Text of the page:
As long as there have been superheroes, there have been superhero teams. And as long as there have been superhero teams, there have been really bad ideas for superhero teams. Like, say, for example…
The Darkstars came into existence for one reason, and one reason only: to be knock-off Green Lanterns. This being the ’90s, and everything has to be all shaken up, the Darkstars basically took over the role of intergalactic cops from the Green Lanterns once said corps of heroes was killed off, only instead of rings that could create anything the Lanterns could imagine through sheer force of will, they had costumes that fired energy bolts and made them really strong.
In other words, they were the lame replacements until DC brought the Green Lanterns back. Appropriately, once they came back, the Darkstars vanished and thankfully haven’t been seen since…oh, wait, no, no, apparently DC has decided to drop hints that they’ve become space priests. Great, because that’s what we need, Jehovah’s Witnesses with laser blasts.
Here’s the thing about the Champions; individually, you’ve got awesome here. There’s Hercules, Black Widow, Ghost Rider, Angel and Iceman. Well, OK, maybe the guy with pretty bird wings is a lame superpower to have in a team, but everything else, aces.
But as a group, it just didn’t work. First of all, Hercules is a Greek demi-god, whatever he can’t handle is generally something pretty heavy-duty. Secondly, Ghost Rider is a demon from hell, so if Hercules and Ghost Rider can’t handle it, we’re getting into crossover territory danger here. What are Iceman, Black Widow and Angel going to do? Freeze it, fly it up, and then hit it really hard?
Unsurprisingly, the Champions didn’t last that long, but the flame is kept alive. By the Great Lakes Avengers, who you might recall as a joke team.
If you’re a comics company, almost inevitably you wind up with a lot of extra characters, and equally almost inevitably, they’re one-off villains that never quite achieved the panache of a Joker, or a Lex Luthor, or a Firebug. So what do you do with all these losers you own the rights to? Kill ’em. Kill ’em all! And do it as creatively as possible!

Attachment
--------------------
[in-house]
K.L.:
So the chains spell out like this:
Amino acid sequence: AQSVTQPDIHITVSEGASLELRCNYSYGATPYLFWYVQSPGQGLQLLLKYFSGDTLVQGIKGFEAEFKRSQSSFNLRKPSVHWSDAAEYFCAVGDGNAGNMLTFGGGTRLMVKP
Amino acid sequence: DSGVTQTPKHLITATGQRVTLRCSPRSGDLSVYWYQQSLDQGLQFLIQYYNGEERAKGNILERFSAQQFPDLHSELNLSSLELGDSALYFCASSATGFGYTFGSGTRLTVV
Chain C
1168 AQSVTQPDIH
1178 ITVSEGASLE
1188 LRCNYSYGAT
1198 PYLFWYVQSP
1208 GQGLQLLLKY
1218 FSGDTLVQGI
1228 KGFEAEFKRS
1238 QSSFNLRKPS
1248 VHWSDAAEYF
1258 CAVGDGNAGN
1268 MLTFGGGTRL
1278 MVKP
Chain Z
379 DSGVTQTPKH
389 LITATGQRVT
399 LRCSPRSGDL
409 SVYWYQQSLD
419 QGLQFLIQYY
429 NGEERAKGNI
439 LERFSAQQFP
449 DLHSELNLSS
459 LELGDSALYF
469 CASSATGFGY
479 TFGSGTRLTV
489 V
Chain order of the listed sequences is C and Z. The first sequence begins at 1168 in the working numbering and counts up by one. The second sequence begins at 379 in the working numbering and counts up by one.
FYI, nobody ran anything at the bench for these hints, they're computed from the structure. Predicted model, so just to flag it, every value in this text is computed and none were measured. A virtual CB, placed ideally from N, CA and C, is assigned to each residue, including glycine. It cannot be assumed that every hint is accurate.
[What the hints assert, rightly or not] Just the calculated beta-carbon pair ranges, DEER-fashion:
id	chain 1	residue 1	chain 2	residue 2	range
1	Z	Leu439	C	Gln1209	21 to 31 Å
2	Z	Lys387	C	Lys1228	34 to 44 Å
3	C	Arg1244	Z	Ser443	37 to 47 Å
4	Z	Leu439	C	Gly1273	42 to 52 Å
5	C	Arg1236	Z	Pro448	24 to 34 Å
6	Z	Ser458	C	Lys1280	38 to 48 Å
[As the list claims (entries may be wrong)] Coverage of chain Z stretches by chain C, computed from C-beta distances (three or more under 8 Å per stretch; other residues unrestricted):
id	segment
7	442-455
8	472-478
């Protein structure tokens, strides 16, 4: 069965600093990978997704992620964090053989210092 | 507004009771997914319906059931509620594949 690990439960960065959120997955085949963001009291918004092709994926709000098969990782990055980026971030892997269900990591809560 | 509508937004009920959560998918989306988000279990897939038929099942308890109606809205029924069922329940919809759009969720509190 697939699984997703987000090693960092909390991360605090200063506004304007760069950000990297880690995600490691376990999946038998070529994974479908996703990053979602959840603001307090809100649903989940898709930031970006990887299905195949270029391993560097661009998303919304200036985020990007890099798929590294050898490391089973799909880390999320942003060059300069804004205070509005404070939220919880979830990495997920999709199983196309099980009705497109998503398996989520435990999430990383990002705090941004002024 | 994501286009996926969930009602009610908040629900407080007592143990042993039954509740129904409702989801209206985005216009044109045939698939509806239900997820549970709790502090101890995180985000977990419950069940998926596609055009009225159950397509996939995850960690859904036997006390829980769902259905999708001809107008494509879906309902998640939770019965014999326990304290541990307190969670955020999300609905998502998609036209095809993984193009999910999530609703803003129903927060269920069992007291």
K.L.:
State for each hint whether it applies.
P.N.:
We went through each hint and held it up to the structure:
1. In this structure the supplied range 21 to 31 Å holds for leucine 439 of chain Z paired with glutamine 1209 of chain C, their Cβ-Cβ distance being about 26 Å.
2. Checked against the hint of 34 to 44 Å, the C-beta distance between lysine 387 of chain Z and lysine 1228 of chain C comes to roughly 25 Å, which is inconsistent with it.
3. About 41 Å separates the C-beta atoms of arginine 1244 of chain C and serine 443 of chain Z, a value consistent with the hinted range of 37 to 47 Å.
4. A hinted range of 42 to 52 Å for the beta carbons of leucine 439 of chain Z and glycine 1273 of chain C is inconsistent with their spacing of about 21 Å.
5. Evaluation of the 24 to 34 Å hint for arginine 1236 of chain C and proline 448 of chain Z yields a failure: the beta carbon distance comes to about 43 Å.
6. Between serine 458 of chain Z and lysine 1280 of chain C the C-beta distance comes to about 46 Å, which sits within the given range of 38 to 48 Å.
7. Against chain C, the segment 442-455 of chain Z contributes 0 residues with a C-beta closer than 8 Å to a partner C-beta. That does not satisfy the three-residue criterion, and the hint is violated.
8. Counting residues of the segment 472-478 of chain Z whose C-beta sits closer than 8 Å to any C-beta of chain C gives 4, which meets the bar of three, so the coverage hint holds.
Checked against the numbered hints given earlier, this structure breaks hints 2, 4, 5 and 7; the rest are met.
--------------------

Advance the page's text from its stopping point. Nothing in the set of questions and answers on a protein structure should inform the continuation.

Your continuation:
This team existed for two reasons: the hilarious murder of D-list losers, and to explain how villains who didn’t seem smart enough to get out of jail or successful enough to hire a good lawyer got out to antagonize superheroes again; if they survived the mission they were on, they got a full parole. This pretty much meant that if you were below C-list, you were dead meat, and if you were above C-list, you were coming right back, because apparently being sent on missions with a team named the “Suicide Squad” was so incredibly fun that you just had to immediately waste your unconditional parole trying to use your stupid gimmick on some hero instead of getting a real job, and be sent right back to the jungles of Wherever-the-Heckistan. In other words, it was kind of like “The Dirty Dozen”, minus the suspense and interesting parts.
On the bright side, there’s really nothing like an annoying, badly conceived villain get shot in the face by his own teammates, or eaten by gorillas, or sucked into a trans-dimensional vortex, or any of a pretty long list of creative fates the writing team liked to hand out to these failures. If only they’d killed off Captain Boomerang, because, really, how useless was he?